Losing a loved one is hard. Sadly, those left behind often find themselves faced with decisions to make immediately following death that present additional challenges. The pain and grief that accompany death are normal. Bewilderment and disorientation are also normal. So, the need for making funeral arrangements can feel overwhelming or even impossible. This is particularly true if there is a dispute over who has the duty and power to make final arrangements. Fortunately, Arizona law directs just who has the power and duty to make final arrangements for a deceased person.
A.R.S. § 36-831(A) provides a list of who is given priority for the responsibility of “burying the body of or providing other funeral and disposition arrangements for a dead person.” The list is quite lengthy, but the surviving spouse is given the highest priority, followed by an agent named under a valid power of attorney. However, Arizona law states that the agent designated under the power of attorney must be specifically authorized to make decisions regarding the disposition of the deceased person's remains. Following this, Arizona law names, in order of succession, (1) the parents of a minor child, (2) adult children, (3) parent(s) of an adult child, (5) the parent of the deceased adult, (6) the adult sibling, (7) the adult grandchild, (8) the grandparent, and so on. If no one on this list can be reached or is willing to take on the responsibility, then the law specifies that an adult “who exhibited special care and concern for the dead person” can make the final arrangements.
Exceptions to Rule
Of course, every rule has an exception, and this situation is no different. These exceptions to the priority list under Section 36-831(A), include, but are not limited to, cases where none of the individuals listed above are willing or financially able to provide for a burial or other disposition of the body or if no one from the list can be located. In these cases, the county in which the death occurs has the obligation to make the arrangements.
What if there is More than One Person has Priority?
A.R.S. § 36-831(D) is designed to provide guidance where there is more than one person in a single category with priority. If there is more than one member of a category with priority that is entitled to handle final arrangements, those arrangements may be made by any member of the category unless that member knows of any objection by another member. If an objection is known, then the final arrangements are to be made by a majority of the members who are reasonably available.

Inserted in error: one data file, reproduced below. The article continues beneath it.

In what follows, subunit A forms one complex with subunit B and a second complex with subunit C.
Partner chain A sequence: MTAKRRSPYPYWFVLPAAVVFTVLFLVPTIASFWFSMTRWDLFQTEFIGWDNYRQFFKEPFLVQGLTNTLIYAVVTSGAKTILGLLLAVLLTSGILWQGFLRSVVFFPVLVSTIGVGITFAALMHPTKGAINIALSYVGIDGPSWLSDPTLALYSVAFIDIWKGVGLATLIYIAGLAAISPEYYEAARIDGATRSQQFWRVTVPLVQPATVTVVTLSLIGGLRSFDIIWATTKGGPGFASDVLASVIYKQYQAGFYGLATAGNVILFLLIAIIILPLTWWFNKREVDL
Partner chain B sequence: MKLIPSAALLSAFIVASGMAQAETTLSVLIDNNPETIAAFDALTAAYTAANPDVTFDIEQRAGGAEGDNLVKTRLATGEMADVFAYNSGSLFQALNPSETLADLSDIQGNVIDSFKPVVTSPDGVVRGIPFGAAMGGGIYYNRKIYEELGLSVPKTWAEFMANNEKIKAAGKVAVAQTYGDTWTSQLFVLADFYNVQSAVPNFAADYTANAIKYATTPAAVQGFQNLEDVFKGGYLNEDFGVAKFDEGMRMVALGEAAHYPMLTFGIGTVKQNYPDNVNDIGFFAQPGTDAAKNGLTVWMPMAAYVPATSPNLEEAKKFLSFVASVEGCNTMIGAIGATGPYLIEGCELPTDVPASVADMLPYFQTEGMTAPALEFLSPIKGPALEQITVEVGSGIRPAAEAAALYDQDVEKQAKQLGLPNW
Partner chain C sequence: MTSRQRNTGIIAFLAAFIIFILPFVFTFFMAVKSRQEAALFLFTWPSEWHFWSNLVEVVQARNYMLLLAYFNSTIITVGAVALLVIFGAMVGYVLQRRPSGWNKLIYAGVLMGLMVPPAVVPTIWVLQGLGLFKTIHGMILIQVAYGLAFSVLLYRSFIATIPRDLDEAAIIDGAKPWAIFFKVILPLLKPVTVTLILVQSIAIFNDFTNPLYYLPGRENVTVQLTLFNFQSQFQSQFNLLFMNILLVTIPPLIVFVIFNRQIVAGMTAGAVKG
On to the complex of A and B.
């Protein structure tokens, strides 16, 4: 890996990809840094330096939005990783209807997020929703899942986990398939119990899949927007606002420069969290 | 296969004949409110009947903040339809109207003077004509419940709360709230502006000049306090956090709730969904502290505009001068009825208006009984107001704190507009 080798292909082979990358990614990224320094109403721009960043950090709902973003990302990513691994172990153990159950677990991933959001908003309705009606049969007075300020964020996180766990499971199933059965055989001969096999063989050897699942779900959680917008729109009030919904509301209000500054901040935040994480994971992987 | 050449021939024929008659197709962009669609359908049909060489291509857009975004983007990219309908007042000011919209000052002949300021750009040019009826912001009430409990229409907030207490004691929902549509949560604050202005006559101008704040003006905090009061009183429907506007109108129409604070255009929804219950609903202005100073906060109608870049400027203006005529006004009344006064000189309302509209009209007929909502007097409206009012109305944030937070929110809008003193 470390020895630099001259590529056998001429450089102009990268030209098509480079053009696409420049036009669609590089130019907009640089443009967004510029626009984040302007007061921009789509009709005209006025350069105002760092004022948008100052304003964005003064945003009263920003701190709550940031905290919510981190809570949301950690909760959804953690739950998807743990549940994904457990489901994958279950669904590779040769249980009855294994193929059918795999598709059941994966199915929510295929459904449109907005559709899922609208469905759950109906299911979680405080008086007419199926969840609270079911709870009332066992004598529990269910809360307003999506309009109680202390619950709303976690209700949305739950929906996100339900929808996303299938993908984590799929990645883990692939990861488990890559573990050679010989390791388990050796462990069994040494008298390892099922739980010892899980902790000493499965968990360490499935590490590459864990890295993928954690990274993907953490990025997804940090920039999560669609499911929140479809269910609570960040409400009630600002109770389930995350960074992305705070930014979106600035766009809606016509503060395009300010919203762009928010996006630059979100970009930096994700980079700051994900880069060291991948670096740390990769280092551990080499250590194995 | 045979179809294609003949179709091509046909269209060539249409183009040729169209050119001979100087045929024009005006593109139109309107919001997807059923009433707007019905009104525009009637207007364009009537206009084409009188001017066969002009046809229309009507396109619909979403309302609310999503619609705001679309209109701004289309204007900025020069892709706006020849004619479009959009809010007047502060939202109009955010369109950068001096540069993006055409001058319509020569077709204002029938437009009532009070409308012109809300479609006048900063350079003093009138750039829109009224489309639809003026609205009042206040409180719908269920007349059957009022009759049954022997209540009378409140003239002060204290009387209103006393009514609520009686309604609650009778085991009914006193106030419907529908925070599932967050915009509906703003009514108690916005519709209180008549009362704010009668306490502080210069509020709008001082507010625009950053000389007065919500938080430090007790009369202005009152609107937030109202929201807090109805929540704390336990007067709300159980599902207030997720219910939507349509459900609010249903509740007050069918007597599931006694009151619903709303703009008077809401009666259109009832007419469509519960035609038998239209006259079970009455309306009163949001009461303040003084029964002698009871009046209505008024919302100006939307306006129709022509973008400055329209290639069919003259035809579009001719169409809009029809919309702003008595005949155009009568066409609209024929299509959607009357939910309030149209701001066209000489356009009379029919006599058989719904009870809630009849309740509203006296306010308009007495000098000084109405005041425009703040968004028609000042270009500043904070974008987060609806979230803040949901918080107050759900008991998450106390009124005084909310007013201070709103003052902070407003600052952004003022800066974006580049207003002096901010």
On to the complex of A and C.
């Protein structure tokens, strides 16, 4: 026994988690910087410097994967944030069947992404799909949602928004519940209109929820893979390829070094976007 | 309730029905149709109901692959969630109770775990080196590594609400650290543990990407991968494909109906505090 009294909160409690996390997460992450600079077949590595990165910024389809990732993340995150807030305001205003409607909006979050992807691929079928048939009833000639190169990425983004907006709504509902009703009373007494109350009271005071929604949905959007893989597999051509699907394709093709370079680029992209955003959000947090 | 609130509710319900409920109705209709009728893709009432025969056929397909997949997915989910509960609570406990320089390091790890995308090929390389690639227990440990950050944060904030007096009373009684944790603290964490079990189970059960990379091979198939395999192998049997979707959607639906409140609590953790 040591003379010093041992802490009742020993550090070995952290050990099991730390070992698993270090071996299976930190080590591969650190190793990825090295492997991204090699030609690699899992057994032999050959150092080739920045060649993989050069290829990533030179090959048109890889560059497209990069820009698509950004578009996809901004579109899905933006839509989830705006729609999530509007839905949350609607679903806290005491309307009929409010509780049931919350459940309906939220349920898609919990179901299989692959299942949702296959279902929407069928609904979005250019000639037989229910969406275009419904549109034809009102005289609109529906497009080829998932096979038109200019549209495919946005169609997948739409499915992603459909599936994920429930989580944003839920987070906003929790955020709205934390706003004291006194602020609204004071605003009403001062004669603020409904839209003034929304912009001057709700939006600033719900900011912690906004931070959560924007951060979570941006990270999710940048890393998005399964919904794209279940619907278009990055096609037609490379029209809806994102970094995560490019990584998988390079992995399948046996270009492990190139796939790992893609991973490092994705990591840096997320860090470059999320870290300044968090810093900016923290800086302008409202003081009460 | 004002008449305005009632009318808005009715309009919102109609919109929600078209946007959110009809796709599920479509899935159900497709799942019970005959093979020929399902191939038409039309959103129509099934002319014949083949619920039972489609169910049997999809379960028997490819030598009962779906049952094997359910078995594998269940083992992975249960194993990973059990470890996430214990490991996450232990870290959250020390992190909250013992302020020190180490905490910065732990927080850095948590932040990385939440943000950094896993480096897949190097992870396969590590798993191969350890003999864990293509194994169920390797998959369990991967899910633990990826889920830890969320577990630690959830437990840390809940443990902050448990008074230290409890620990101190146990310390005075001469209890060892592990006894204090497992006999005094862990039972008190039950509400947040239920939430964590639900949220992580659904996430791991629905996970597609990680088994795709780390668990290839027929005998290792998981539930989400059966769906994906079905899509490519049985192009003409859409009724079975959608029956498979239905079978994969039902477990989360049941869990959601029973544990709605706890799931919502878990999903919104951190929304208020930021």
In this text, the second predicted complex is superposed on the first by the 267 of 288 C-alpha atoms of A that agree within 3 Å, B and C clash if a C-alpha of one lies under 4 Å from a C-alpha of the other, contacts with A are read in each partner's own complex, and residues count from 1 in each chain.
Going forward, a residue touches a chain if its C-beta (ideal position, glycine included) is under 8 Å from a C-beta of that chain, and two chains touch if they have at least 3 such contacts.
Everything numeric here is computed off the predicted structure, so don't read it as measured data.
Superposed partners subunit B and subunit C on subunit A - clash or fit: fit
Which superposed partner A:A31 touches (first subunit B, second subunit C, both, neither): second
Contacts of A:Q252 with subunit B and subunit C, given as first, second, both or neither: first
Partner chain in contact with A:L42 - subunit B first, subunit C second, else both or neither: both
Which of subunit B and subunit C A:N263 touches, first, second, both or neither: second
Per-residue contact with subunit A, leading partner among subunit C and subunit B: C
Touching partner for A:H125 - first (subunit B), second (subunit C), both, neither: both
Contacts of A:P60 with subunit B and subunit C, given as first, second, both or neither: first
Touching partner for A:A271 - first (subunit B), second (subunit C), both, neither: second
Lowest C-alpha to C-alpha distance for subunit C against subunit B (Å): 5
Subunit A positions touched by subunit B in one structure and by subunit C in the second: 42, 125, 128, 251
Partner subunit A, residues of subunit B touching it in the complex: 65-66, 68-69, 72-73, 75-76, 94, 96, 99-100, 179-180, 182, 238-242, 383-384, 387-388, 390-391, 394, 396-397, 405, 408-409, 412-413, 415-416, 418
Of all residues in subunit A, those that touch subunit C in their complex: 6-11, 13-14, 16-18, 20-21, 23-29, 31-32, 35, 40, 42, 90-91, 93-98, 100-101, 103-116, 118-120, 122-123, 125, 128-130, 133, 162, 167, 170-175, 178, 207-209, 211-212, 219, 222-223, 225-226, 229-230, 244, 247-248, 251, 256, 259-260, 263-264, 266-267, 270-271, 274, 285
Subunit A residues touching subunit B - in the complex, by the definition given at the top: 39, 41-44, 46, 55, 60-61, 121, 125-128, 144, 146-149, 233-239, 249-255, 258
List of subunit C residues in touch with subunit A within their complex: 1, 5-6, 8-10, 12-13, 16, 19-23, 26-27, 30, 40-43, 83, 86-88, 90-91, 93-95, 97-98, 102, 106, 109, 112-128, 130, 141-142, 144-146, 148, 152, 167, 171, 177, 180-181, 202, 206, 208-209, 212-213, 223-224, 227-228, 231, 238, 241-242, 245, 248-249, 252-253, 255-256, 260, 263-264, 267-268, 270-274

So, what if there is more than one person with priority in the same category (i.e., parents) and there is an objection, but no majority? Unfortunately, that issue was not directly addressed by Arizona statute. Instead, it was answered by the courts in 2020. At that time, the Court found that where there is a disagreement over disposition arrangements between the decision makers in the same category, but no majority, the individual who is going to honor and follow the decedent's wishes should be appointed to carry out those wishes. Hence the importance of making one's final wishes known, preferably in writing.
What is Required to be Done with the Decedent's Remains?
Separate from “who” has the duty and power to dispose of the remains is the issue of “what” should be done. What funeral arrangements should be made? Should the deceased person be buried? Should the deceased person be cremated? If so, what to do with the ashes?
The law allows a competent adult to prepare and sign a written statement directing cremation or other legal disposition of their remains. This statement may be a Last Will or done in a separate document. However, if the directive is made in a separate statement, it must be signed, dated, and notarized or witnessed by at least one adult who affirms, in writing, that the notary/witness was present when the document was executed, and that the person appeared to be of sound mind and free from duress at the time of execution.
Deciding whether to bury or cremate your loved one and related decisions should be the least of your concerns. Unfortunately, as in any stressful situation, problems and conflicts may arise. Fortunately, Arizona law provides some guidance regarding the duty and power to bury or cremate.